I will begin with a letter I wrote, and then explain how I got here. This letter is to support my friend’s boycott of PetsMart. Basically, for people who don’t want to click the link below and read her long blog post, her cat Ei[se]nstein died during a grooming appointment. They had just moved, so he had a clean bill of health from a vet only a few months prior, and he had been remarkably tolerant of grooming for a cat — he was a Persian and she kept him shaved down, so it was quite routine for him to be groomed. This cat was Miranda’s only local friend because she had just moved to Bloomington, Indiana, for graduate school. (And I would like to remind anyone from PetsMart corporate who may end up reading this — if it were not for people who perceive pets to be close friends and family, you would not have a business.) Worst of all, when her cat died, the employees at this PetsMart location left her with her raw grief in a public area, with no offer of comfort or support, and with no offer to figure out what happened (well, except the vet tried to sell her an autopsy!). In what seems like an effort to cover their own butts, they only offered statements that all boil down to “Sometimes these things happen.”

Before this gets all tl;dr, I encourage anyone reading this to join me in signing Miranda’s petition and boycotting PetsMart until this situation is addressed.

To Whom It May Concern:

I am a proud former employee of PetsMart, and friends with many other current and former PetsMart employees, some of them groomers. For this reason, I am writing you today in hopes that PetsMart will address a situation that occurred in December 2008 at one of your Indiana locations. Specifically, as outlined in a blog post online (http://mirandathom.blogspot.com/2010/06/most-important-recommendation-i-can.html), a friend of mine lost her cat while he was in the care of PetsMart groomers. This incident—both the pet Einstein’s death and the way his caretaker Miranda was treated—reflects poorly on PetsMart as an organization and on its current and former employees. Until this incident receives due attention, I will cease doing business with PetsMart, and will encourage my friends and family to do the same. My own blog post on the matter can be seen at https://amberwb.wordpress.com/2010/07/22/a-friend-stirs-up-my-outrage/.

Thank you,

Amber Westcott-Baker

So, how I got here… It’s kind of interesting to me (as a researcher of attitudes and attitude change) that I’m having a hard time summarizing my former position or how I got here (ah, consistency bias).

I didn’t originally want to support this boycott. As a former PetsMart employee, I did not like the way my friend characterized this incident as “PetsMart killed my cat,” rather than some specific PetsMart groomers killed her cat. My initial position was that the organization PetsMart is separate from the action of its individual employees when those actions break with store policy–which certainly would be the case if, as she suspects, the groomers gave her cat a sedative or did anything else other than groom her cat.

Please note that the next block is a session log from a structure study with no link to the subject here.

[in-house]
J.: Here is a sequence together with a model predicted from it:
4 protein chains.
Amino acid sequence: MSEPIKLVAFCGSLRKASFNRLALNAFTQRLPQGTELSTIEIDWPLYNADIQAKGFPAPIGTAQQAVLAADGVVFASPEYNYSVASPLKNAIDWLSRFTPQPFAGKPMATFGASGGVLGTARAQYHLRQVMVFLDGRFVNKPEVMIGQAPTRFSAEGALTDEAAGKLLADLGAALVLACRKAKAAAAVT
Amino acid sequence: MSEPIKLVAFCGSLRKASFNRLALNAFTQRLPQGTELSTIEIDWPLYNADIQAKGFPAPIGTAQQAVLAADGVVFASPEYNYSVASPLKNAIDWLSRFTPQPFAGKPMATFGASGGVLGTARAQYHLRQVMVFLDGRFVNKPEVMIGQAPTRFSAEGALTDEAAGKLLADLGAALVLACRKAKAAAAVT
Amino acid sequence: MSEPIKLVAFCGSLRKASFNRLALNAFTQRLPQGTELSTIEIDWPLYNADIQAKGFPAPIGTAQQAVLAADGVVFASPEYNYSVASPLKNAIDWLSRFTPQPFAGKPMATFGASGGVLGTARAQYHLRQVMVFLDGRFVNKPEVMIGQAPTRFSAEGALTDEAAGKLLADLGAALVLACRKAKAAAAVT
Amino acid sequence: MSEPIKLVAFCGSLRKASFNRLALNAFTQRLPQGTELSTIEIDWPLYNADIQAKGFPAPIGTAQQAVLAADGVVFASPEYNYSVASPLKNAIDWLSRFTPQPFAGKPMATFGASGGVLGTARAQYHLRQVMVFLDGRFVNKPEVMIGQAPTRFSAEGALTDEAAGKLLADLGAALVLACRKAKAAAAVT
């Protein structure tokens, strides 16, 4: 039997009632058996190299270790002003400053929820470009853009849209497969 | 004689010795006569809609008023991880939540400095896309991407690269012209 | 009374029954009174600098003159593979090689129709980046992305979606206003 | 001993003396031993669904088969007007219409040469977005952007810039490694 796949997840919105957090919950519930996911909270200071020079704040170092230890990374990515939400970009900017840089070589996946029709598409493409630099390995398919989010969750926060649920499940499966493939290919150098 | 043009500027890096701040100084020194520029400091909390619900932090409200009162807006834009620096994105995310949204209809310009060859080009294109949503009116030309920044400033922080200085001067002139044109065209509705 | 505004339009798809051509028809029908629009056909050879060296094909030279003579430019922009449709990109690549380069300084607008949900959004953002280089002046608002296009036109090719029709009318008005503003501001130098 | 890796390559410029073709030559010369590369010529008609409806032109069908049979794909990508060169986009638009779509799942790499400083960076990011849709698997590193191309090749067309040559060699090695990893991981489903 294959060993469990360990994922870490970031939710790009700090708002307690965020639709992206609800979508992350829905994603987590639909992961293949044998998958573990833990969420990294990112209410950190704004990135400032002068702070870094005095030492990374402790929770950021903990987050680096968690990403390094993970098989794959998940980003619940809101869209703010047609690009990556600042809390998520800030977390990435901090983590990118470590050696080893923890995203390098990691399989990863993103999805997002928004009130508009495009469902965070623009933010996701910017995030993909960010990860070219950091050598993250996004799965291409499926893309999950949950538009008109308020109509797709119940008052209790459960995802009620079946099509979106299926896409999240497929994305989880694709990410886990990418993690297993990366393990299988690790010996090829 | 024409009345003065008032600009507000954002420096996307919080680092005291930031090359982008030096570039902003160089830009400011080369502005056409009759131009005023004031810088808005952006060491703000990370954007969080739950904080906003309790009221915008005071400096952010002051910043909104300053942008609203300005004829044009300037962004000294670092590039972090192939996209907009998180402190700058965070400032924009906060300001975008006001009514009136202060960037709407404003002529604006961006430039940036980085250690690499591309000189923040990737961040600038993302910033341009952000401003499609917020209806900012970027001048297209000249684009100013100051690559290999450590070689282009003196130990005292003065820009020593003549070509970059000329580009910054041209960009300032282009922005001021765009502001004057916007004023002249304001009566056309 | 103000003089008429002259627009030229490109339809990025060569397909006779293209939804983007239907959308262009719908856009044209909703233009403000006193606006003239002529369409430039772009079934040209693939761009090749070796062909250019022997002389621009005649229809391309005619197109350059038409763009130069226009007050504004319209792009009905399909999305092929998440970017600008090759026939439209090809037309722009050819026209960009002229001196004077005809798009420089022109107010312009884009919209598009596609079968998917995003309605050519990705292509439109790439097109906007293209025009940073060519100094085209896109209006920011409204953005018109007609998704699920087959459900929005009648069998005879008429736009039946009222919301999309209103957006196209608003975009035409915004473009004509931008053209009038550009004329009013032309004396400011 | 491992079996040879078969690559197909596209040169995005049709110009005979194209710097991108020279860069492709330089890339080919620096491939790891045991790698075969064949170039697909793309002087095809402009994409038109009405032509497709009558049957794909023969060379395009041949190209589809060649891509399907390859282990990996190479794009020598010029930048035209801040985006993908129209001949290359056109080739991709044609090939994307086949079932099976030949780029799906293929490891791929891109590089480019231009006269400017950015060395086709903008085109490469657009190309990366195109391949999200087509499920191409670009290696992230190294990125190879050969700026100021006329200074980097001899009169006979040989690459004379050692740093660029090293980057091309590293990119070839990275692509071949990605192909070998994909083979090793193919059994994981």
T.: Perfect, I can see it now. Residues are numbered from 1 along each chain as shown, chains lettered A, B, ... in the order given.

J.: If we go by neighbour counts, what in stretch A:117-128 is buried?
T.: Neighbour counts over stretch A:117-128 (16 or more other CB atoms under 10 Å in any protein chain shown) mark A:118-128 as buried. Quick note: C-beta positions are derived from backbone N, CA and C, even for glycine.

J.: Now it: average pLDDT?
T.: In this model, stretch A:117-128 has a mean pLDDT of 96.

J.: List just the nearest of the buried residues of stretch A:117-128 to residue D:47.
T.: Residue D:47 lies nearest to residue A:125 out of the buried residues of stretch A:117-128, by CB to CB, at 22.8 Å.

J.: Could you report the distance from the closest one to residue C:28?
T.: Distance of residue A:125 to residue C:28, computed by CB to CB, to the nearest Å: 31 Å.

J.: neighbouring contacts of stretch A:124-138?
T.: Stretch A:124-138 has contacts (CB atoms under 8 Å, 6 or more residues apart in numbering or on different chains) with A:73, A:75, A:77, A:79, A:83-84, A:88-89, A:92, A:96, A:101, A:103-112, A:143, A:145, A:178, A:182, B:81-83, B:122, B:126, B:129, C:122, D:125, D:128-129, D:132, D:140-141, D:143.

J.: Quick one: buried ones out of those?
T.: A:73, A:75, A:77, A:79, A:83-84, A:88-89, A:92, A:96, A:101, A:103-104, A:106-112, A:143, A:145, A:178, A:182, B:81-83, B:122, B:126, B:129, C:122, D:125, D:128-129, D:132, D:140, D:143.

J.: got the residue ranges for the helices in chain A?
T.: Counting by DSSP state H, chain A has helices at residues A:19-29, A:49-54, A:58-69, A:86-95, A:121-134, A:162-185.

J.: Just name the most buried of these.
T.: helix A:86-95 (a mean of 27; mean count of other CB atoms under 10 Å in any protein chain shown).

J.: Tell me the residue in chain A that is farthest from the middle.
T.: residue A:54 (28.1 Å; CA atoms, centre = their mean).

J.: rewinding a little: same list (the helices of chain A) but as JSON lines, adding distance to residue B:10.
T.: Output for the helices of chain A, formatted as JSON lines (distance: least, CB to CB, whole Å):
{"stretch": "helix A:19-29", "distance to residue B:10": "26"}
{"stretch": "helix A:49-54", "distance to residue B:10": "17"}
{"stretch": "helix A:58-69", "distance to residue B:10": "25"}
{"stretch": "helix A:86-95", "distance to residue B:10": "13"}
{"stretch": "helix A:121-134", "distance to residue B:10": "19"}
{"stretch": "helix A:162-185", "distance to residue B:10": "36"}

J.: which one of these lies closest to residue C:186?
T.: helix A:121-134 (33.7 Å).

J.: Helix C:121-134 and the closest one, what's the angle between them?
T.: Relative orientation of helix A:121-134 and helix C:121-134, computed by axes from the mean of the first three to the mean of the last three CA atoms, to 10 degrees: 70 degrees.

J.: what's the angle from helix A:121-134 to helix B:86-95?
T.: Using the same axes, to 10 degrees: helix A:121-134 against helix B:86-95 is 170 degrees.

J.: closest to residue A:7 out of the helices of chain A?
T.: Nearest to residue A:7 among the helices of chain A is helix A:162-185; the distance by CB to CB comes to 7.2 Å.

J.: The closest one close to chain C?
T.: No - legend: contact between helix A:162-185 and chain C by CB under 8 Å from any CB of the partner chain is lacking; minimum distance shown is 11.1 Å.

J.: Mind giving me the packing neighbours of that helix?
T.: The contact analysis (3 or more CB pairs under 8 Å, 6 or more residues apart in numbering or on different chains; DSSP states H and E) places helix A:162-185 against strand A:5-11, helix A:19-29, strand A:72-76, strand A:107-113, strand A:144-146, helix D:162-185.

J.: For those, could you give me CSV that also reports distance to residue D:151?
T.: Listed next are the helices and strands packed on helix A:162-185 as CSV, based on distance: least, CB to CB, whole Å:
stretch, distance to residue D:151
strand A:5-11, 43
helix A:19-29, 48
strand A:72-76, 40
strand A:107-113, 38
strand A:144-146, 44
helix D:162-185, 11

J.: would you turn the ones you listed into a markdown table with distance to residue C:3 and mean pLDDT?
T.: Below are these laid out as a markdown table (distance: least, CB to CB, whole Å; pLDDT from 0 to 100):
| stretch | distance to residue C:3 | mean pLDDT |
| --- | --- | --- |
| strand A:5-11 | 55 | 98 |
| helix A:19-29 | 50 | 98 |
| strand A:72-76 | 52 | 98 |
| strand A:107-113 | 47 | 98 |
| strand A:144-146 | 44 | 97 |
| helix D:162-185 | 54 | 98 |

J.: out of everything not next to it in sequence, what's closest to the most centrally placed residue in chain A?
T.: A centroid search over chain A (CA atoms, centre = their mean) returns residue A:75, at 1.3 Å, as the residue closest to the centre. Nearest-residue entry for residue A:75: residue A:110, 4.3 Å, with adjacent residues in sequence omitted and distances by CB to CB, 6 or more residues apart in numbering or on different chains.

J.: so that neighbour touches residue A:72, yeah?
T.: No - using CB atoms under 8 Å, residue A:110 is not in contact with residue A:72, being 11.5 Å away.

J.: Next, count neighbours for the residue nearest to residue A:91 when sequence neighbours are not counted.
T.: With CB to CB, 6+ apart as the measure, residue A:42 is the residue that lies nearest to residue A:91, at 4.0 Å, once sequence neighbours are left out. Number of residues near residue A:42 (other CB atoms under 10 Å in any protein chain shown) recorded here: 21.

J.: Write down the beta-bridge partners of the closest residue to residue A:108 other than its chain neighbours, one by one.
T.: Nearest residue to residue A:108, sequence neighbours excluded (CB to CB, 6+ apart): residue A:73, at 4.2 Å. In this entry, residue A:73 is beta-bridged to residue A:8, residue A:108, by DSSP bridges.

What I failed to consider before was the fact that an organization is made up of its employees, and its actions are the summed actions of its members. If those employees did break with store policy, were they held accountable? Does PetsMart have a SOP for handling a pet death? If so, why was it not followed in her case? (I am assuming it wasn’t, because the way she was treated reeks of diffusion-of-responsibility — no one seemed to know what to do or how to respond.) Are records kept of deaths, and are they investigated in any way? From my experience as an employee and friend of groomers, I know that sometimes pets die from stress or overheating — rarely, but it does happen. What I don’t know is whether there is a standard way of handling it.

I wanted to view her incident as unique, not a symptom of a systemic problem with PetsMart as an organization. However, the way that she was treated in the aftermath of Ei[se]nstein’s death makes this an organizational issue. It means that when anyone takes their pet to PetsMart and the worst happens, no one in the organization will know what to do or how to respond to real grief at the loss of a family member. It means that the bereaved will have no way of knowing whether their pet died of natural causes (stress, some underlying condition) or mistreatment/neglect unless they have their wits about them enough to preserve the pet’s remains, have an autopsy, perhaps hire a lawyer… which, BTW, are all things that only people of privilege have the social and economic capital to do.

Miranda has her own list of things she wants to happen to resolve this situation. Personally, at the very least I want someone from PetsMart to acknowledge and sincerely apologize for her loss. I want them to investigate this PetsMart location and the number of pet deaths that have taken place there. I want them to develop Standard Operating Procedures and actually train their employees to deal with pet deaths–or, if they have these procedures and training policies in place already, investigate why they were not followed in Miranda’s case.

Until that happens… PetsMart, you’re dead to me.